Food is a basic necessity that impacts on many aspects of human survival. However, not everyone is lucky enough to have a constant and consistent supply of food.
Statistics show that one in seven American households struggles to put enough food on the table.1
While average families may already find it hard to make ends meet, the challenge is much harder for single parents.
To mitigate the effects of poverty, the U.S. federal government initiated the Supplemental Nutrition Assistance Program (SNAP).
The aim is to provide affordable and nutritionally adequate diet to the low- to no income families; protecting them from hardship & hunger.
For many of the poorest Americans, SNAP has become the only form of income assistance they receive. Statistics show that one in five SNAP households lives on cash income of less than $2 per person a day.2
In 2011, 14% of Americans — about 1 in 7 — received $134, on average, in SNAP benefits.3 This data reflects the sheer number of people who lack basic food supply.
According to the recent data, nearly 46 million were on food stamps in 2015 with an average of $126 per month in food assistance.4 Nearly half (44%) of all SNAP participants were children under age 18.5
The program is the modern alternative to the Food Stamp Program. From the quantity of food that can be availed to the manner of purchase, SNAP is a long way from its original structure.
Before, color-coded coupons were distributed to beneficiaries. Now, the assistance comes in the form of a debit card known as Electronic Benefit Transfer (EBT), which is loaded with benefits once a month and can be used to purchase grocery items in any participating store within their locality.
Am I Eligible for SNAP?
Eligibility for SNAP is based on family income and whether or not it is composed of members with disabilities or seniors. Once the income requirement is met, household size and gross income (adjusted) are the next factors for consideration.
You may be eligible SNAP benefits if you are:6
- Working for low wages or working part-time;
- Receiving welfare or other public assistance payments;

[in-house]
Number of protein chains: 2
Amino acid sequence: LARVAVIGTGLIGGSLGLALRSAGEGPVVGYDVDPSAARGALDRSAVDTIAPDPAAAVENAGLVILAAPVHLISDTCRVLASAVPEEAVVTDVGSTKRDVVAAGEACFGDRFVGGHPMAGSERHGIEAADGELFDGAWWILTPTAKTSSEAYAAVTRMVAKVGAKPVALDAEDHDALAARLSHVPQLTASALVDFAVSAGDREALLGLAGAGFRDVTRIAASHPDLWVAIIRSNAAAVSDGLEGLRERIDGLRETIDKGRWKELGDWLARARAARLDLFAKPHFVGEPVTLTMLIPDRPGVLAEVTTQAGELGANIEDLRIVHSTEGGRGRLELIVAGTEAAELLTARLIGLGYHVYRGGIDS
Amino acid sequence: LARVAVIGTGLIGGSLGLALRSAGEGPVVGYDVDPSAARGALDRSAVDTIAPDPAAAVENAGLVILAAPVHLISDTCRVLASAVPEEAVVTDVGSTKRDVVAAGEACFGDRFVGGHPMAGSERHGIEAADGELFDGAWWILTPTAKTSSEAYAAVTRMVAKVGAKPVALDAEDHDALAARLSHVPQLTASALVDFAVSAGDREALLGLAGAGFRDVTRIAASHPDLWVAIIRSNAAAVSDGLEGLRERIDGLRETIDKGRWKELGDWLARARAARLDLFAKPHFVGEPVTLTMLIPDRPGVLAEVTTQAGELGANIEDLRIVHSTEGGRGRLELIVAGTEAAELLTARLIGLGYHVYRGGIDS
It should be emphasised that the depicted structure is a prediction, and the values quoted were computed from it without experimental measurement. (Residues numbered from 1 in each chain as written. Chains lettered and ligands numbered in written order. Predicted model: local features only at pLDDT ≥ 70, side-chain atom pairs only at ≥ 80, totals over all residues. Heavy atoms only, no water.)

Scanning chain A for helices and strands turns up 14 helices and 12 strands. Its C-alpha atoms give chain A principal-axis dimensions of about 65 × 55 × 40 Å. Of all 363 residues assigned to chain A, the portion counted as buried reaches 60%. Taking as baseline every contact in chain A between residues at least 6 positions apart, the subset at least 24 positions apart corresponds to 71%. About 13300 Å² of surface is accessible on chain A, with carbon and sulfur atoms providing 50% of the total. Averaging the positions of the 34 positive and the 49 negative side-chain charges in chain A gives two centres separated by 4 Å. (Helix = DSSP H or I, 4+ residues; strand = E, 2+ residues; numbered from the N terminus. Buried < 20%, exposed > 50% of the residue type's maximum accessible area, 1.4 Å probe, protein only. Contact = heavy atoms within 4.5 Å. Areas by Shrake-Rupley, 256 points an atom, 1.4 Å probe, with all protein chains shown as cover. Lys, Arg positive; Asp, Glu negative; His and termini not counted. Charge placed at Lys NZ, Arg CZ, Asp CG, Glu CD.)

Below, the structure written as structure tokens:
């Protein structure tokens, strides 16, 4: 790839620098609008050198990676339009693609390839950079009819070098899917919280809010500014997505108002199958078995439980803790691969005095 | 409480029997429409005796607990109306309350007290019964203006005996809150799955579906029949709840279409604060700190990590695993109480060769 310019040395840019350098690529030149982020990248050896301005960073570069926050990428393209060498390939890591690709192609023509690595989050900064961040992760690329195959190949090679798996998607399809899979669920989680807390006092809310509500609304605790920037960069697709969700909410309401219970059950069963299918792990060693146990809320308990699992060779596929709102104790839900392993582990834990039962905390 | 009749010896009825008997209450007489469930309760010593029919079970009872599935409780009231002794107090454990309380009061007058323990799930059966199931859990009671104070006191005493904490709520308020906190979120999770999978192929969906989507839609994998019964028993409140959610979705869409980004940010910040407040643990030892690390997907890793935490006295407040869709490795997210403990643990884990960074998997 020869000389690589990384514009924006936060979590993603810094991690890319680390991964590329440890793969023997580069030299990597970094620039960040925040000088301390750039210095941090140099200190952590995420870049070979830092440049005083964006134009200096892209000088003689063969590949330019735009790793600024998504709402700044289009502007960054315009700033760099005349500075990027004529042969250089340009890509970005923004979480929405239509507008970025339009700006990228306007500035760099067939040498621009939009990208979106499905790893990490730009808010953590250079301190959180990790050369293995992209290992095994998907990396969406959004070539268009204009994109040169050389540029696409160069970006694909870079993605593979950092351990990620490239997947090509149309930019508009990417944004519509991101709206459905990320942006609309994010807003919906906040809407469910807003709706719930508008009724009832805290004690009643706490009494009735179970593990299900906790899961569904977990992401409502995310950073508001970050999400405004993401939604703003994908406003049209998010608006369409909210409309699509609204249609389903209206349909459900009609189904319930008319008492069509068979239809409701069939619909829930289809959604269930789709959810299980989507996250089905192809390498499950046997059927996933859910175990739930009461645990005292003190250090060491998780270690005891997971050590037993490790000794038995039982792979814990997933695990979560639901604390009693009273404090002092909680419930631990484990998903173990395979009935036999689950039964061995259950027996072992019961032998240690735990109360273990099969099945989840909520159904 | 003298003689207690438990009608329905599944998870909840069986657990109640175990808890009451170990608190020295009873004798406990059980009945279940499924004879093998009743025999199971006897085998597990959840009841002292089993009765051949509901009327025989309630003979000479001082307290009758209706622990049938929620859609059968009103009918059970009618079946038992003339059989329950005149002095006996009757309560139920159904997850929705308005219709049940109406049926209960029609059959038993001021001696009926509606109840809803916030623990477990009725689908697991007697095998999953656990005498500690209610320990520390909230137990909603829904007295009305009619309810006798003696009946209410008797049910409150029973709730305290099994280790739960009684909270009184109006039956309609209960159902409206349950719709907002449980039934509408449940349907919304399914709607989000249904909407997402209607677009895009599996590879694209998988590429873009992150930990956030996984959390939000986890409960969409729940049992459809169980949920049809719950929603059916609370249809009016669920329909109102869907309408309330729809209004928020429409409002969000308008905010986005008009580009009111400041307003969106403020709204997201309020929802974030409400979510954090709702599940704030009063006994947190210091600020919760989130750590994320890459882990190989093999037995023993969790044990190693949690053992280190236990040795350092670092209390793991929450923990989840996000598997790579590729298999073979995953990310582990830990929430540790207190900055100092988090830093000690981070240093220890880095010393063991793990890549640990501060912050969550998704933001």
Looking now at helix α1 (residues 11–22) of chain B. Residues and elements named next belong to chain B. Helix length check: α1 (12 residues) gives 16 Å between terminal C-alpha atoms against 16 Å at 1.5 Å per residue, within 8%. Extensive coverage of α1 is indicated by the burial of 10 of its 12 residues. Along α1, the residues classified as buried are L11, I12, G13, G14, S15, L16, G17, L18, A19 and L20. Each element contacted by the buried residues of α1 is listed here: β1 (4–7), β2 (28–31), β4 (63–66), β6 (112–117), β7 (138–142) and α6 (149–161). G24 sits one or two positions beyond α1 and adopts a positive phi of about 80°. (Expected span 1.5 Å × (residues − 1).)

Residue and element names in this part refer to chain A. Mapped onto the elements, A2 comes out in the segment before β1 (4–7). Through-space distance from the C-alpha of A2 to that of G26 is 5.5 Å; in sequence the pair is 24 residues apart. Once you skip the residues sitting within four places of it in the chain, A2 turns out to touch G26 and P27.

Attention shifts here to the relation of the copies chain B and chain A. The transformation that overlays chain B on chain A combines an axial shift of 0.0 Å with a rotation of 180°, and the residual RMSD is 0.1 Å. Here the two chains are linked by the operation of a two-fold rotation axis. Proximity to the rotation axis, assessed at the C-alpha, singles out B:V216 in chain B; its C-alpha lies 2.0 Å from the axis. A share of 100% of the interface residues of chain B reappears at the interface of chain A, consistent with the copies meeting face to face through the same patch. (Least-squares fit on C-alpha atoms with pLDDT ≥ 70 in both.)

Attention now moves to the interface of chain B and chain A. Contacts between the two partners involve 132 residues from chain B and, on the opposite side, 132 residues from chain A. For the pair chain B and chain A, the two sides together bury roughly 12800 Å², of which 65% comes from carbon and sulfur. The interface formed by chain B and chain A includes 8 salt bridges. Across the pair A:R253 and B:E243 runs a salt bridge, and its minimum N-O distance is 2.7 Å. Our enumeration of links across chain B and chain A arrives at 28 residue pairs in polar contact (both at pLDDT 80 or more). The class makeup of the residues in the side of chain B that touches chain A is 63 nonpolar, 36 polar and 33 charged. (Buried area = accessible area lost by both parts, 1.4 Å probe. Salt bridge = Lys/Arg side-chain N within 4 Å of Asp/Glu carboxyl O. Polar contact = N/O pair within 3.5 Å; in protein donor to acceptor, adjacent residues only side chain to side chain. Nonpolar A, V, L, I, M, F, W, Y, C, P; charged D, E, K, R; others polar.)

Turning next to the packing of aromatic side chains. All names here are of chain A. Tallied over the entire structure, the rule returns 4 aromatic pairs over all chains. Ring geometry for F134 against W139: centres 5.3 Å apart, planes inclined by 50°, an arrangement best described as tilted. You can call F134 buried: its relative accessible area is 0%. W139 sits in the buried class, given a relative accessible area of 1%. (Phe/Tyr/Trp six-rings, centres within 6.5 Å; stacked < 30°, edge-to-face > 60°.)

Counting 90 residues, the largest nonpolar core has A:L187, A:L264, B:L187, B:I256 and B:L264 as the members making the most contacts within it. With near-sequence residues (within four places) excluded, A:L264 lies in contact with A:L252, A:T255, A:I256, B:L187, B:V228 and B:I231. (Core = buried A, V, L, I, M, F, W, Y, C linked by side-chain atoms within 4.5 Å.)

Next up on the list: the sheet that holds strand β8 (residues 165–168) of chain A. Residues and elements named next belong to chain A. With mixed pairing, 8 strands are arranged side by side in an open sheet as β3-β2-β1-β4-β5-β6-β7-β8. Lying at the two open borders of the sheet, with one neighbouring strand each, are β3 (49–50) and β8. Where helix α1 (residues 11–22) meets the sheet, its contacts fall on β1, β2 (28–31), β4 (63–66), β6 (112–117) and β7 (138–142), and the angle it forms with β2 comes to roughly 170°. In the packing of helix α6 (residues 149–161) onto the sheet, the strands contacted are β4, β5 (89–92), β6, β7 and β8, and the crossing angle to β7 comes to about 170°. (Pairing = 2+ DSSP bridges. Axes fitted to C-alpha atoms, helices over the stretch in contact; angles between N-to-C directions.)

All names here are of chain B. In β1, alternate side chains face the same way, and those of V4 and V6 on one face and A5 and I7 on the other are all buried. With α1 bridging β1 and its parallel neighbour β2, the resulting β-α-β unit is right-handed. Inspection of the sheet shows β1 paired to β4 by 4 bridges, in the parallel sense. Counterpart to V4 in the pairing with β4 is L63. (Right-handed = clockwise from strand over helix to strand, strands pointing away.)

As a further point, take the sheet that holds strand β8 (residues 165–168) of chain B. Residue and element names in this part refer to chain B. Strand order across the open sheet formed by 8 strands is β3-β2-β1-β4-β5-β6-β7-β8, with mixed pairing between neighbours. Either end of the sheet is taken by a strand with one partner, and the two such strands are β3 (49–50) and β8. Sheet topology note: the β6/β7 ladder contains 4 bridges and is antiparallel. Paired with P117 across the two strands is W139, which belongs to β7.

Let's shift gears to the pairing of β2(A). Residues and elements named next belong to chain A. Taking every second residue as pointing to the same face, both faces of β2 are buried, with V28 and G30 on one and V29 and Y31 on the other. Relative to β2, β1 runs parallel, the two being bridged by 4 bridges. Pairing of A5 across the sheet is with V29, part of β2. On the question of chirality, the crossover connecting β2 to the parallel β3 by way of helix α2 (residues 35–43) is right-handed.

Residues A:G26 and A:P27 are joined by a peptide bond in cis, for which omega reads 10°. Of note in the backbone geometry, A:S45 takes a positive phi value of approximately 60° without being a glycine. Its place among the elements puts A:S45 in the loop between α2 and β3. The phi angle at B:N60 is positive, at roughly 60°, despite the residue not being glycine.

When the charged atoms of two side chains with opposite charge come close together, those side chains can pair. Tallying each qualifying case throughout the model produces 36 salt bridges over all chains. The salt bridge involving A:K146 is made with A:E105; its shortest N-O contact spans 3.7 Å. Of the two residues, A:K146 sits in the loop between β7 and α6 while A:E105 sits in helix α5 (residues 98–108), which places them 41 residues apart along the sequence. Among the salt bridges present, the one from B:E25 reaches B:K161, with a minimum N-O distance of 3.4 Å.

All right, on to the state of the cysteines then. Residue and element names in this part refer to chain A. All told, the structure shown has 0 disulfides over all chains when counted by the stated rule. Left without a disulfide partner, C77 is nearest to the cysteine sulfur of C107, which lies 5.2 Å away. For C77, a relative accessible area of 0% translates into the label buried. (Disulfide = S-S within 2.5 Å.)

- Elderly or disabled and are low-income; or
SNAP rules limit eligibility to households with gross income under 130% of poverty and net income at or below 100% of poverty — about $19,790 for a single mother of two children.
Use SNAP’s pre-screening tool to see if you are eligible for SNAP benefits. When you begin using the tool, you will answer some questions which the tool uses to determine your eligibility and estimate the amount of benefits you might get.
Some states may have their own pre-screening tools for SNAP eligibility. If you live in one of those states, the system will automatically direct you to the state’s pre-screening tool.
SNAP Benefits [ FY2016 ]
|Household Size||Maximum Monthly Benefits||Average Monthly Benefits|
The actual amount of SNAP benefit you will get is the maximum allotment for your household size (see table above), minus 30% of your household’s net monthly income.
For example, a household of three with a net monthly income of $900 would get a food stamp allotment of $227.
|Maximum allotment for household size of 3||$511|
|Subtract 30% of net monthly income (0.3 x 900)||$270|
|Household food stamp benefit||$241|
Most families under the SNAP program receive benefits for a 6-month period, at which point the recipient will have to submit a renewal application.
As a condition of eligibility, single mothers applying for SNAP benefits are required to render several hours of work-related services to the SNAP Employment and Training Program. The activities vary according to the needs of applicants.
Such activities include:
- Enrolment in a secondary education program
- Search for employment
- Community Service
- On-the-job Training
- Actual employment
All of these only serve to provide temporary support until applicants are capable of independently providing for their families.
How do I apply for Food Stamps?
To apply for the Supplemental Nutrition Assistance Program (SNAP), you must fill out an application and return it to a local SNAP office.7 After your application is filed, the SNAP office will review your information, conduct an interview, and determine your eligibility for SNAP.
Depending on which state you live, you may contact your local SNAP agency or call SNAP’s toll free information line at 1-800-221-5689.
- Economic Research Service/USDA – Household Food Security in the United States in 2013 [↩]
- Off The Chart, SNAP and the Fight Against Extreme Poverty [↩]
- Congressional Budget Office, SNAP Infographic [↩]
- SNAP Monthly Data as of September 9, 2016 [↩]
- USDA, Characteristics of SNAP Households: Fiscal Year 2014 [↩]
- Facts about SNAP [↩]
- SNAP Application and Local Office Locators [↩]